United States President Caricature by Segmation

United States President Caricature Pattern Set for SegPlay® PC by Segmation (see more details here)

Here’s a fun and easy set of United States President Caricature patterns (thanks to our friends at Graphics Factory for providing this content) The set includes 17 nicely done portraits of the more familiar presidents including George Washington, Abraham Lincoln, Franklin Delano Roosevelt, Dwight D. Eisenhower, John F. Kennedy, Lyndon B. Johnson, Richard M. Nixon, Jimmy Carter, Ronald Reagan, Bill Clinton, and George W. Bush.

When these patterns are completely colored, the resulting image has a very strong resemblance to the original artwork. These vibrant and colorful pieces of art are truly engaging and exciting for you to paint, and especially a joy to look at when completed.

With over 2800 available patterns from an ever growing collection of artistic themes, SegPlay® PC will provide you with hours upon hours of painting fun and entertainment. SegPlay® PC Splash Screen With SegPlay® PC as an Art Appreciation teaching tool, students can memorize famous works of art, color by color. Children can truly touch images related to a wide assortment of subjects. As a parent or educator, the learning possibilities stretch as far as your image-ination!

SegPlay® PC is in the computer software category known as “casual gaming”. While it provides a pleasurable and creative escape from mundane computer activities, the program is simple to use and new players can begin the painting function immediately, with just a few, intuitive tools. However, the program also offers rich features with challenging and engaging options, so it expands with each user, whether they seek an education in art appreciation or just want to enjoy a creative gaming challenge.

With a dynamic and clear user interface and fun sound effects, the program’s gaming features compliment the artistic benefits and engage users at all levels. For a gaming challenge, users can race against a timer to complete patterns in a given timeframe at levels from Easy to Experienced and Expert. Users can also employ speed-painting tools, monitor the mistake counter, and track the number of remaining pieces and colors to increase the program’s challenging and addictive potential.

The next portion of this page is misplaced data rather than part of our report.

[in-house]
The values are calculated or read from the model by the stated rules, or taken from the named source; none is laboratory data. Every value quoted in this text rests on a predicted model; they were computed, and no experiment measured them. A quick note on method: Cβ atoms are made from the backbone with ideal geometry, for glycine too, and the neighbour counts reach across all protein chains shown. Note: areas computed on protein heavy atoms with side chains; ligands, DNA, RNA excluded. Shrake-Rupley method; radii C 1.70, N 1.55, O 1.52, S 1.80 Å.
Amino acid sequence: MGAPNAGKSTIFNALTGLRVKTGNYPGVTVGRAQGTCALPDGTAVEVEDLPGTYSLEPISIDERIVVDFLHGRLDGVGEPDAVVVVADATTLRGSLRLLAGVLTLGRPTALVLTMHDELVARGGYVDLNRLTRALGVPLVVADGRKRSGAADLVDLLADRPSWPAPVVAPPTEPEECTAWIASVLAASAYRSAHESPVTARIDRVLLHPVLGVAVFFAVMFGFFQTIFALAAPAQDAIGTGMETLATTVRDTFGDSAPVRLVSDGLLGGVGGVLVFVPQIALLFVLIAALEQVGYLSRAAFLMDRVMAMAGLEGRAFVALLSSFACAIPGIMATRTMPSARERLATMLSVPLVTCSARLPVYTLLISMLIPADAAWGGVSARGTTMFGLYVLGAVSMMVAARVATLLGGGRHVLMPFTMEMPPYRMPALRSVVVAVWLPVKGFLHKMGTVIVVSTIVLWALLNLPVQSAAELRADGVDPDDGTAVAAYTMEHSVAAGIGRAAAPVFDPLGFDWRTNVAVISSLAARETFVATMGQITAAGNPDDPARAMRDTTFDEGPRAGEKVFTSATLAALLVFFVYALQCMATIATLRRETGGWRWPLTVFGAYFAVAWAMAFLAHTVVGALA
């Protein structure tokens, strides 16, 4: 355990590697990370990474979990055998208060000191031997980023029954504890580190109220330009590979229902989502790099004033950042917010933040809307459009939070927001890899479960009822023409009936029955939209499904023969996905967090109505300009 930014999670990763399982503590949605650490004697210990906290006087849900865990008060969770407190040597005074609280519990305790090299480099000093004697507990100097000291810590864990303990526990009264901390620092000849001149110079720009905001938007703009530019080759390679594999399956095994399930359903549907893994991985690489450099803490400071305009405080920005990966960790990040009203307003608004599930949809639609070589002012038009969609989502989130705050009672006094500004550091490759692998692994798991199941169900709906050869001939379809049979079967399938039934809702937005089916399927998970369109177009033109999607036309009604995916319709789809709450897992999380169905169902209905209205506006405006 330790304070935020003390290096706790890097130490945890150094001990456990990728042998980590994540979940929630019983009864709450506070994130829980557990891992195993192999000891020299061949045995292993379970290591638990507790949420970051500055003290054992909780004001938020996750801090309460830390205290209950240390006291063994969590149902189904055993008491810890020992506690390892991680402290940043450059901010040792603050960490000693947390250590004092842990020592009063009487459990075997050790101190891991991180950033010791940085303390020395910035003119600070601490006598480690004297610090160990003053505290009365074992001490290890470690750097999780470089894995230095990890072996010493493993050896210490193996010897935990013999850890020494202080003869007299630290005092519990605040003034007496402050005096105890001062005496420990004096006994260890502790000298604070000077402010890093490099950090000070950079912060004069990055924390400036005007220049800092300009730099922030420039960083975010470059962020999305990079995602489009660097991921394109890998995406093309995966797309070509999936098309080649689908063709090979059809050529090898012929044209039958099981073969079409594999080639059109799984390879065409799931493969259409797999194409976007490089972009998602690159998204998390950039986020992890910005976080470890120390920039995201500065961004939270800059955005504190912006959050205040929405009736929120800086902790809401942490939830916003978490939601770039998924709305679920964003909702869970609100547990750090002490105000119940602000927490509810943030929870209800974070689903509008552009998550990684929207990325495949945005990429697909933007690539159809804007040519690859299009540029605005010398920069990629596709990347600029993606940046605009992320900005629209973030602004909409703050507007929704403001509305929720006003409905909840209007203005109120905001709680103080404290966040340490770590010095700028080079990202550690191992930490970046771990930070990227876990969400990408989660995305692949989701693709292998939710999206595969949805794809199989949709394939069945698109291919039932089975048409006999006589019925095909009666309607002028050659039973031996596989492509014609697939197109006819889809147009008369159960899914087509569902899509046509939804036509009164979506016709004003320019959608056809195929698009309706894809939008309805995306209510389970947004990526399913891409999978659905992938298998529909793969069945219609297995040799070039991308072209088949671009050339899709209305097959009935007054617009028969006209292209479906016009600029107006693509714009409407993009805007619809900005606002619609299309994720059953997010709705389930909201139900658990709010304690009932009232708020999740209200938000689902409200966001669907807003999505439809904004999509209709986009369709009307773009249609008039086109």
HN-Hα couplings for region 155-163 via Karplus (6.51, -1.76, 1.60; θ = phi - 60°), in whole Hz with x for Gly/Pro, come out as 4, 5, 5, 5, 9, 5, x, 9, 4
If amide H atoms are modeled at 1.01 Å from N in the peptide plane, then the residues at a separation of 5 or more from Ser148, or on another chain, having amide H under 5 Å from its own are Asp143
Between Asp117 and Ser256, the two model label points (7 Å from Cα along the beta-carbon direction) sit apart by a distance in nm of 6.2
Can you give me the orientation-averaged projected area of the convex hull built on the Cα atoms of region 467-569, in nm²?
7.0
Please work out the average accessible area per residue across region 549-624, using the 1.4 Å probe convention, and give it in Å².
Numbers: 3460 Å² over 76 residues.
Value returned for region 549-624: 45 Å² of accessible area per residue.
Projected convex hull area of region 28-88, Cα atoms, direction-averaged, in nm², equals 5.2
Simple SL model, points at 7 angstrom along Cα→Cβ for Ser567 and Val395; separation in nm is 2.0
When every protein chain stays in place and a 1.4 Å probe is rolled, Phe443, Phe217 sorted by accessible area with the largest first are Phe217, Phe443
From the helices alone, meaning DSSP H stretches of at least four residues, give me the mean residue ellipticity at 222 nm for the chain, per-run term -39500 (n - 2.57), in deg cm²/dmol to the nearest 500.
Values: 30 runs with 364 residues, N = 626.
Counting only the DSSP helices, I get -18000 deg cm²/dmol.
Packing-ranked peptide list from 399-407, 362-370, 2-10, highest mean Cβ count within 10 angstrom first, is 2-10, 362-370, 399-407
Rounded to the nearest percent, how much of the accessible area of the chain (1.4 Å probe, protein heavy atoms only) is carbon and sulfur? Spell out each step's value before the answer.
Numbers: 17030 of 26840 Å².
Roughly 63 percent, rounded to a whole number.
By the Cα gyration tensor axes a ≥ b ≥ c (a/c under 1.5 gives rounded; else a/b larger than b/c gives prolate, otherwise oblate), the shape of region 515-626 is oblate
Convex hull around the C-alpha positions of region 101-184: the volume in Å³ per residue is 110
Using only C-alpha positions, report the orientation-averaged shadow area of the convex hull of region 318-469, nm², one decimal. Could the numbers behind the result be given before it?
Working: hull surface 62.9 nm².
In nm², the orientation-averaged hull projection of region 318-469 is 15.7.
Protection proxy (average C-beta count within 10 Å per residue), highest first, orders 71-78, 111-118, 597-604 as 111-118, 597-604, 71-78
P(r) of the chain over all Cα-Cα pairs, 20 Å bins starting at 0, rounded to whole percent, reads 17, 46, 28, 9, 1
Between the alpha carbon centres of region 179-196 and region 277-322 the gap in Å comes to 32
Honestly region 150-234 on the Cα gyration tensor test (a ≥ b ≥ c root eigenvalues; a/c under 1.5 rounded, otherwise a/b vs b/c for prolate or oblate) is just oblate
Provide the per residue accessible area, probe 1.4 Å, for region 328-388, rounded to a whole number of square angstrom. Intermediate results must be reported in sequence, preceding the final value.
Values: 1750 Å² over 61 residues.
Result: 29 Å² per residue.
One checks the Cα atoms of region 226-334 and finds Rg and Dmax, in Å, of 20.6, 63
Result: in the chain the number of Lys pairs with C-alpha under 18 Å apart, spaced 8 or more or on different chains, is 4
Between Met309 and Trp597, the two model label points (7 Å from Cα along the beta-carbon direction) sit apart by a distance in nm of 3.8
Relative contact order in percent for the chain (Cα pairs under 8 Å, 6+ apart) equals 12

United States President Caricature

Have fun and relax with beautiful online painting art. So fun and easy to use with no mess but just a mouse!

Be a Artist in 2 minutes with United States President Caricature from Segmation SegPlay® PC (see more details here)

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Be my Valentine by www.segmation.com

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You’ll find in our SegPlayPC Be My Valentine pattern collection. This is a fun, off-beat set of great colorful digital patterns. We know you’ll enjoy coloring these great patterns! What a great stress reliever as well.

Gorgeous art painting patterns to color and relax with. You don’t have to be a professional artist to enjoy this. Join the fun today! Segmation.com

Valentine’s Day is celebrated around the world on February 14th. It’s a magical day where lovers express their love for one another in many traditional and untraditional ways. In today’s time, candy, chocolates, flowers, and heart filled cards are usually given as gifts in many cultures around the globe. Our set of Valentine themed patterns includes many illustrated graphics of the holiday including roses, candy, cupids with arrows, dragons and puppies in love, and couples in love. Happy Valentine’s Day to all!
This set contains 24 paintable patterns.

You can find a wide collection of Be my Valentine Scenes paint by number patterns and is available at the Segmation web site. These patterns may be viewed, painted, and printed using SegPlay™PC a fun, computerized paint-by-numbers program for Windows 7, 2000, XP, and Vista. Enjoy!

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Leonardo and Picasso: Artists of Their Times www.segmation.com

Leonardo da Vinci and Pablo Picasso are two of the most famous painters in history (if not the most famous); one a Renaissance genius renowned for his skillful realism, the other a modern legend and co-founder of Cubism.

Did you know that even though Leonardo’s Mona Lisa is the most famous painting in the world, he only produced less than 30 paintings in total? Even then, many of them were left unfinished. Picasso, on the other hand, created nearly 2000 paintings – plus sculptures, drawings, ceramics, and hand-pulled prints that combine to over 50,000 works of art! (To be fair though, Leonardo also left behind a substantial number of drawings, sketches, and pages full of notes.)

One reason for this vast difference in the number of paintings produced is that both artists were products of the times in which they lived. When Leonardo was alive, artists didn’t have the luxury of creating art for art’s sake. Instead they were commissioned by the church, guilds and wealthy patrons to create paintings and sculptures that were expected to depict certain themes. For this reason, Leonardo needed to find work where he could. During times of war, he had to work as a military architect and engineer, designing methods of defense. Making art took a backseat to the work necessary for survival.